I’ve always dreamed of celebrating New Year’s Eve in Vienna, listening to the Philharmonic playing Strauss waltzes. Possibly waltzing around myself. Of course, between the pandemic and the difficulty of getting tickets, that’s not looking so good for this year, but a person can dream. (You can, however, listen to the program on WQXR.) I asked my fellow Miss Demeanors what their fantasy New Year’s would look like, and this is what they said. Tracee: I’m not a big New Year’s Eve party person but I did spend a magical New Year’s Eve in St Moritz and would repeat it! Plenty of snow on the ground and everyone gathered around the lake to watch fireworks. Very lovely and fun and peaceful all at the same time! Alexia: I fantasize about going to bed early and waking up January 1 to find that 2022 is less of a 💩 show than 2020 and 2021. Connie: Susan, your fantasy came true for my cousin’s father-in-law, a cardiologist. After his wife of many years died, he met a fascinating woman, the widow of a diplomat, who’d spent most of her life traveling the world. The first Christmas they were married, they spent NYE […]
I’ve lived in New York all my life, but up until about a week ago, I had no idea that the original version of Charles Dickens’ A Christmas Carol was in New York City, in the Morgan Library, which is a brief walk from Grand Central.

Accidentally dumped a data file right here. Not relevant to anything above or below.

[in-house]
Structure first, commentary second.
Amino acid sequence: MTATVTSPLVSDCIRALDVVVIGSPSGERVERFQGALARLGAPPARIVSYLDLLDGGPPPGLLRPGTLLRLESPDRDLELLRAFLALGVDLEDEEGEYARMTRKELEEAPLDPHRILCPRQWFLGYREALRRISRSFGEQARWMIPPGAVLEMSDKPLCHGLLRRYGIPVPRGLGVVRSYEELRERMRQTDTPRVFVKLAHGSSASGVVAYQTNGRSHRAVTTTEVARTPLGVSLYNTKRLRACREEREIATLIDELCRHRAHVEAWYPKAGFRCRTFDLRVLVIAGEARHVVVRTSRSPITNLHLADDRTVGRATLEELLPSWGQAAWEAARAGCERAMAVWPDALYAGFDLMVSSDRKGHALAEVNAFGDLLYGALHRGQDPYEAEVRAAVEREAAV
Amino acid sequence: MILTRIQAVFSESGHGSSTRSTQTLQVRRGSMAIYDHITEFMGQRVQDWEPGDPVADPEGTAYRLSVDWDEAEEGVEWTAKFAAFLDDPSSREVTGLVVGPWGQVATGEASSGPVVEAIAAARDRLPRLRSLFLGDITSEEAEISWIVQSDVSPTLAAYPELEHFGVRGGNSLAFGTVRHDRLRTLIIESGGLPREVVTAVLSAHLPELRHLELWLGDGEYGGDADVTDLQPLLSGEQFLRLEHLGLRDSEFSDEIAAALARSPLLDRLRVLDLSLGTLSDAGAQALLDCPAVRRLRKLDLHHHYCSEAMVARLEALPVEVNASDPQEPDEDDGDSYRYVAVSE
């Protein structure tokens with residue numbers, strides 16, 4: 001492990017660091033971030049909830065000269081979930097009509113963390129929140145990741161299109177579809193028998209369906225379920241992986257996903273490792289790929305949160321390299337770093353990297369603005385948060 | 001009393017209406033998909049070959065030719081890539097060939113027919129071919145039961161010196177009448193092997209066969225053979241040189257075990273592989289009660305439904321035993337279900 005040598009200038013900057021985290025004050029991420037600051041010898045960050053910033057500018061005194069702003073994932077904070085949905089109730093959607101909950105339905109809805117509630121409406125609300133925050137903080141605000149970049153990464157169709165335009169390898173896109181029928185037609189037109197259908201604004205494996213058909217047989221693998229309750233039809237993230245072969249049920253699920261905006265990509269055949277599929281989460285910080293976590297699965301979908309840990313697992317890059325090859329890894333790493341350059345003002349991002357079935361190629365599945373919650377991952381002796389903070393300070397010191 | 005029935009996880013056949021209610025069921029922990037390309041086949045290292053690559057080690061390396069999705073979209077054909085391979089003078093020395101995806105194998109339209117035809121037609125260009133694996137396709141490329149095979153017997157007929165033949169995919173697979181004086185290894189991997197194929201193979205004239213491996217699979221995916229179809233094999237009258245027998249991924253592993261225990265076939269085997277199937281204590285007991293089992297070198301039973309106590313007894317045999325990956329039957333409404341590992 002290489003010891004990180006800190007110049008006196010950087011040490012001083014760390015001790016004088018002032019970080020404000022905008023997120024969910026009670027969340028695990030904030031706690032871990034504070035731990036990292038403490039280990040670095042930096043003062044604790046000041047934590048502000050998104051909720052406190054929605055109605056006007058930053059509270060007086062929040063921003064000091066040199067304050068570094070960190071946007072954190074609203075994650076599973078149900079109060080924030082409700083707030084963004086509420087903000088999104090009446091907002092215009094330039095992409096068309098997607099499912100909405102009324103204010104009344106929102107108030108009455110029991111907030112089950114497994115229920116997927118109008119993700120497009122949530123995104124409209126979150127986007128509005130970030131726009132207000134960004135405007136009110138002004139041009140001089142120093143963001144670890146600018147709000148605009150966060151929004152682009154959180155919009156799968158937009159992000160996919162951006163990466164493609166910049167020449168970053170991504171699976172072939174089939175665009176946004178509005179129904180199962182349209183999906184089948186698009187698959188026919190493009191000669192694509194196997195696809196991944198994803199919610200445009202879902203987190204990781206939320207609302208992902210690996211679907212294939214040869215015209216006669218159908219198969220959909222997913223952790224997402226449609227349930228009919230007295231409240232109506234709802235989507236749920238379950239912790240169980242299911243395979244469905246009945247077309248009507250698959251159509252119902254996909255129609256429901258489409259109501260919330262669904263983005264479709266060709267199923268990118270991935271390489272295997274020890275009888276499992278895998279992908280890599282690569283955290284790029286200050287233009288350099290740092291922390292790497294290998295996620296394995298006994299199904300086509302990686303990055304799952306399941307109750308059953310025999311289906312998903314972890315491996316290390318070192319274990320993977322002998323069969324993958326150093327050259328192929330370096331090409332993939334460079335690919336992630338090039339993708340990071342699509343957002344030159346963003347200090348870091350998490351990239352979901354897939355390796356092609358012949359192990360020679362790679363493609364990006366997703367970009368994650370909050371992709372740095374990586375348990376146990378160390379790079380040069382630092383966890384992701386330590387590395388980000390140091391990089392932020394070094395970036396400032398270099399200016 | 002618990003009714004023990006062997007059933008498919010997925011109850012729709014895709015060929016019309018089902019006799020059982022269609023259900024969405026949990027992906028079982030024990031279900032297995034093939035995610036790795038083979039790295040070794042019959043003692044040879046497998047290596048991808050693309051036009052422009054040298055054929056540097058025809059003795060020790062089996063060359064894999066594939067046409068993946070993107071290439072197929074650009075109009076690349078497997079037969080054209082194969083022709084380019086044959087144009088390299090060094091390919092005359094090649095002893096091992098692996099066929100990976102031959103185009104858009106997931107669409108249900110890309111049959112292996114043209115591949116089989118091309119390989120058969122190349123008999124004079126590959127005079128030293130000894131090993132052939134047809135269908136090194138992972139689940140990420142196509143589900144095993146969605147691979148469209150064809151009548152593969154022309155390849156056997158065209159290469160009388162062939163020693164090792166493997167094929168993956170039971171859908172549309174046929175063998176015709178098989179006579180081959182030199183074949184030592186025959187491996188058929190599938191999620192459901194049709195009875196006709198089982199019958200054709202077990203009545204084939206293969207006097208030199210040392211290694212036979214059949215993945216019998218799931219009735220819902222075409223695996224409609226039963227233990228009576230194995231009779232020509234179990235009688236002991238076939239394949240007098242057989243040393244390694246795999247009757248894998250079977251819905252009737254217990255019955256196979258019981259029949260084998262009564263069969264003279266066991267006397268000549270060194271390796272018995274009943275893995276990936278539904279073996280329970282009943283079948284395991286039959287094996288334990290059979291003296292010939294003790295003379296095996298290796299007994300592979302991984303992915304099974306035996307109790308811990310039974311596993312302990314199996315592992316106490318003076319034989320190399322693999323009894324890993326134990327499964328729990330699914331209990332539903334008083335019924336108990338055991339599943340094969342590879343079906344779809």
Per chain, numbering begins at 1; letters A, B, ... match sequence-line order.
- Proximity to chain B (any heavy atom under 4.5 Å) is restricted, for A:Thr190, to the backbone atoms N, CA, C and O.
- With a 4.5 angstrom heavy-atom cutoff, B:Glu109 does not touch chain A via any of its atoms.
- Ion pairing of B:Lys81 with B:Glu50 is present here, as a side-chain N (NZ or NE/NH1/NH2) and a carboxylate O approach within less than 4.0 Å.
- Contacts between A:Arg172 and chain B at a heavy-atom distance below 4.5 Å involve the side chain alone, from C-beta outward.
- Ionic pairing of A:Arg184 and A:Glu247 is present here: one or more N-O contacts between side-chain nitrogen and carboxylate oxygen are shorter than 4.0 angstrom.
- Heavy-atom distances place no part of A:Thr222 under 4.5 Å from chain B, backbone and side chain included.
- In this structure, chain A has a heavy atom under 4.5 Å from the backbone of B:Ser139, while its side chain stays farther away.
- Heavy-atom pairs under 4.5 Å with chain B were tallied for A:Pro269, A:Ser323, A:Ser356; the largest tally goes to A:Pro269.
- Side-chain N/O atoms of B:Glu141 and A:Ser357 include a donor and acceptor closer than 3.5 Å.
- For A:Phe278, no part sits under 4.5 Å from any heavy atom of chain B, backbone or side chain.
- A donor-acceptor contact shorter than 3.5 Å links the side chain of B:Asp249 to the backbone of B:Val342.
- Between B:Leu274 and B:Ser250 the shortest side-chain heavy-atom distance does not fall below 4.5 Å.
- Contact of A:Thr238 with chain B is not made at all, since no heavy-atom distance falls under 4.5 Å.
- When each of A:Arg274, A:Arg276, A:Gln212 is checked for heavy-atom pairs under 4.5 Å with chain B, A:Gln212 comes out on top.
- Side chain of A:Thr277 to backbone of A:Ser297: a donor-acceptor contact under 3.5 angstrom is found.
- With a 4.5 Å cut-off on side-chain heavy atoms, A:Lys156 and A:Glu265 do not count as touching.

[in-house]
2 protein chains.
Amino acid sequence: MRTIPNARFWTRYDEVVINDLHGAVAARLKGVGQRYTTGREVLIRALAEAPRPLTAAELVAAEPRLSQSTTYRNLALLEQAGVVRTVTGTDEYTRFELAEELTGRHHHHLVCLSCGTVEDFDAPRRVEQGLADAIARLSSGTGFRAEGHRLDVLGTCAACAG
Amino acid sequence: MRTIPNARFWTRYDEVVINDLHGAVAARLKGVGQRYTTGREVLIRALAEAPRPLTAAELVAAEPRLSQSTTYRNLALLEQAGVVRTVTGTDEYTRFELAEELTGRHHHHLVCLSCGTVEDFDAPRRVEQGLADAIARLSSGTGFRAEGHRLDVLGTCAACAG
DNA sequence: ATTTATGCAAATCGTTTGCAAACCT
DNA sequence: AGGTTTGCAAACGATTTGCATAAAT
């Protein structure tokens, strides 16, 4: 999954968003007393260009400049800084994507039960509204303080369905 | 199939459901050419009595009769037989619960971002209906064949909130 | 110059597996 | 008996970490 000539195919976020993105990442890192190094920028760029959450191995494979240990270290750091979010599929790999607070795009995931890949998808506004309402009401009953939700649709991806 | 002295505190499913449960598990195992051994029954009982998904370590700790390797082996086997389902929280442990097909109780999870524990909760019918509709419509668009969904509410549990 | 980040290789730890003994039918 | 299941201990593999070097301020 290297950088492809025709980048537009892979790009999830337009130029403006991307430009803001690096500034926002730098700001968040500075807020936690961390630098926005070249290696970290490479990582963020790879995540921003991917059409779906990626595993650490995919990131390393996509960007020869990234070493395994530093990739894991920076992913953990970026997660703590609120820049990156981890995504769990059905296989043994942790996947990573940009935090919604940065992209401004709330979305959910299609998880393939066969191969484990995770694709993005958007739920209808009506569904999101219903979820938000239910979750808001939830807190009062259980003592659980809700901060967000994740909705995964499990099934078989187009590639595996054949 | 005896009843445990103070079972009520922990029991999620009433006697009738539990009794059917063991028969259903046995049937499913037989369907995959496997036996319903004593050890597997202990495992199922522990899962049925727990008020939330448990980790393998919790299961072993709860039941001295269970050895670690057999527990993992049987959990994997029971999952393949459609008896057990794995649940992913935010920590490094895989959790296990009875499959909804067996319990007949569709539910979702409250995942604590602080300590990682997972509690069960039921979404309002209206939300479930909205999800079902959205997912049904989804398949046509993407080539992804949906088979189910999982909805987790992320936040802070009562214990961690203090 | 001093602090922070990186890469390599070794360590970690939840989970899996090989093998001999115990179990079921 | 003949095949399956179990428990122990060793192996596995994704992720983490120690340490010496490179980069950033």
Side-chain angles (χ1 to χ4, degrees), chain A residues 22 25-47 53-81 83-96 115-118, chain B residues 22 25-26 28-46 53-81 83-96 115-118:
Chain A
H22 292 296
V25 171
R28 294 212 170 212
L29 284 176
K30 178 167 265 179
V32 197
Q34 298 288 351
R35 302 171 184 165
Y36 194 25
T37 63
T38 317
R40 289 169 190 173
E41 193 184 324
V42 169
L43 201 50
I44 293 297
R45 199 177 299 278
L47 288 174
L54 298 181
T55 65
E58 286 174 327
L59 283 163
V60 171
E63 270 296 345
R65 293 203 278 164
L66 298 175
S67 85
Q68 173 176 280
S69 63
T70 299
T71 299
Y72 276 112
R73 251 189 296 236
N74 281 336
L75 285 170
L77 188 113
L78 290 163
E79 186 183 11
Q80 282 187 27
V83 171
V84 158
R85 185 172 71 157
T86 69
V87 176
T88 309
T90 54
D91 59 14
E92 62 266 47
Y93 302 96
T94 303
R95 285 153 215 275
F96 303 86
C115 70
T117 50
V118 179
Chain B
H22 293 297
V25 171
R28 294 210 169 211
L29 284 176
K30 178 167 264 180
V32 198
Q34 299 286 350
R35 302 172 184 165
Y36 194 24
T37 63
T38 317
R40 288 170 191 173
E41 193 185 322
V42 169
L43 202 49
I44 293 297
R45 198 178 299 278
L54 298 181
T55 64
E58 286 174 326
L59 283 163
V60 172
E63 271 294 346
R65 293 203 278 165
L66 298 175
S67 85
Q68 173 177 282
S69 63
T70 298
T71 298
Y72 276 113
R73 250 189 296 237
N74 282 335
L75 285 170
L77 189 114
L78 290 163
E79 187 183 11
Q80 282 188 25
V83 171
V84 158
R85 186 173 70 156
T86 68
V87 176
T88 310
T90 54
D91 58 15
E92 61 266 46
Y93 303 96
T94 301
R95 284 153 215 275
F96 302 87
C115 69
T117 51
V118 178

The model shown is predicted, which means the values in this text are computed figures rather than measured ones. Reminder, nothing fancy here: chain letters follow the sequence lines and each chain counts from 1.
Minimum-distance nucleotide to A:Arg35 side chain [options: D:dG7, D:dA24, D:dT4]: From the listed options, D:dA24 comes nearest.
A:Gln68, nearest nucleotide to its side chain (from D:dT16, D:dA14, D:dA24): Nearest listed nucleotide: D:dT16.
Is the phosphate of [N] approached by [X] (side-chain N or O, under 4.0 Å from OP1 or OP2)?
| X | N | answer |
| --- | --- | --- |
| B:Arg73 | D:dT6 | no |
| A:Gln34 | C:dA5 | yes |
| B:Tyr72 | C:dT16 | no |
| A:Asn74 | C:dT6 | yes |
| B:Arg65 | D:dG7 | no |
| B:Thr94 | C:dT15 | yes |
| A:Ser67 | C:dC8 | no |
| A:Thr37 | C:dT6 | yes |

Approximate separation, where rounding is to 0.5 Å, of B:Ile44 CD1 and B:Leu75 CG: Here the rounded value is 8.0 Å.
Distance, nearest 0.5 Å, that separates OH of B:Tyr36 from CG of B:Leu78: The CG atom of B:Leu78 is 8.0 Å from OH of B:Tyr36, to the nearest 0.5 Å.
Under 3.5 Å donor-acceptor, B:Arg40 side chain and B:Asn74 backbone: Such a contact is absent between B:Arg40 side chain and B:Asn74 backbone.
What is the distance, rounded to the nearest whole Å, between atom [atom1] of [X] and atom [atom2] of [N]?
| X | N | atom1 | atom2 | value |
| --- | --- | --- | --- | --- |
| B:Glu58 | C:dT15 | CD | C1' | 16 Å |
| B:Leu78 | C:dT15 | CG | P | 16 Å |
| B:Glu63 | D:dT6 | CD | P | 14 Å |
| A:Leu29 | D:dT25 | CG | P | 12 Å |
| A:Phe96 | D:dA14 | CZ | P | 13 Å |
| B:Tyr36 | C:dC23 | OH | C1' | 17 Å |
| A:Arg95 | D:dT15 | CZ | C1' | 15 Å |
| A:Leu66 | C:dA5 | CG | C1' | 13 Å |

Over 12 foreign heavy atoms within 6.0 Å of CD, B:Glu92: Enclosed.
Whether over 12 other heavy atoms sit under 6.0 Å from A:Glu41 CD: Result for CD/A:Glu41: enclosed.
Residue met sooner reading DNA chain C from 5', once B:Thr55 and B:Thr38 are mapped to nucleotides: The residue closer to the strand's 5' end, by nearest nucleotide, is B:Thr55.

I’ve been a workshop leader at the NY Pitch Conference for more than a decade. That means that four times a year (except during pandemics) I lead a group of writers in polishing pitches and then presenting them to editors and agents. It’s a thrilling job. I meet people from all over the world and hear their stories. It’s also a hair-raising job because I have to take a group of people who don’t know each other and guide them through an intense process of joy (when they get requests) and despair (when they don’t). What I always find moving is how close the members of my group become. They support each other, hug each other when things go wrong, buy each other (and me) drinks. See picture below. Although writing is a solitary occupation, the community of writers is a very generous one. Over the course of the four days, I go over a number of obvious things that pitches should include. Conflict. Protagonists. Cliff hangers, and so on. But I was thinking that there are some things that can really affect a pitch that most people don’t think about. Make it interesting. A lot of times, people are […]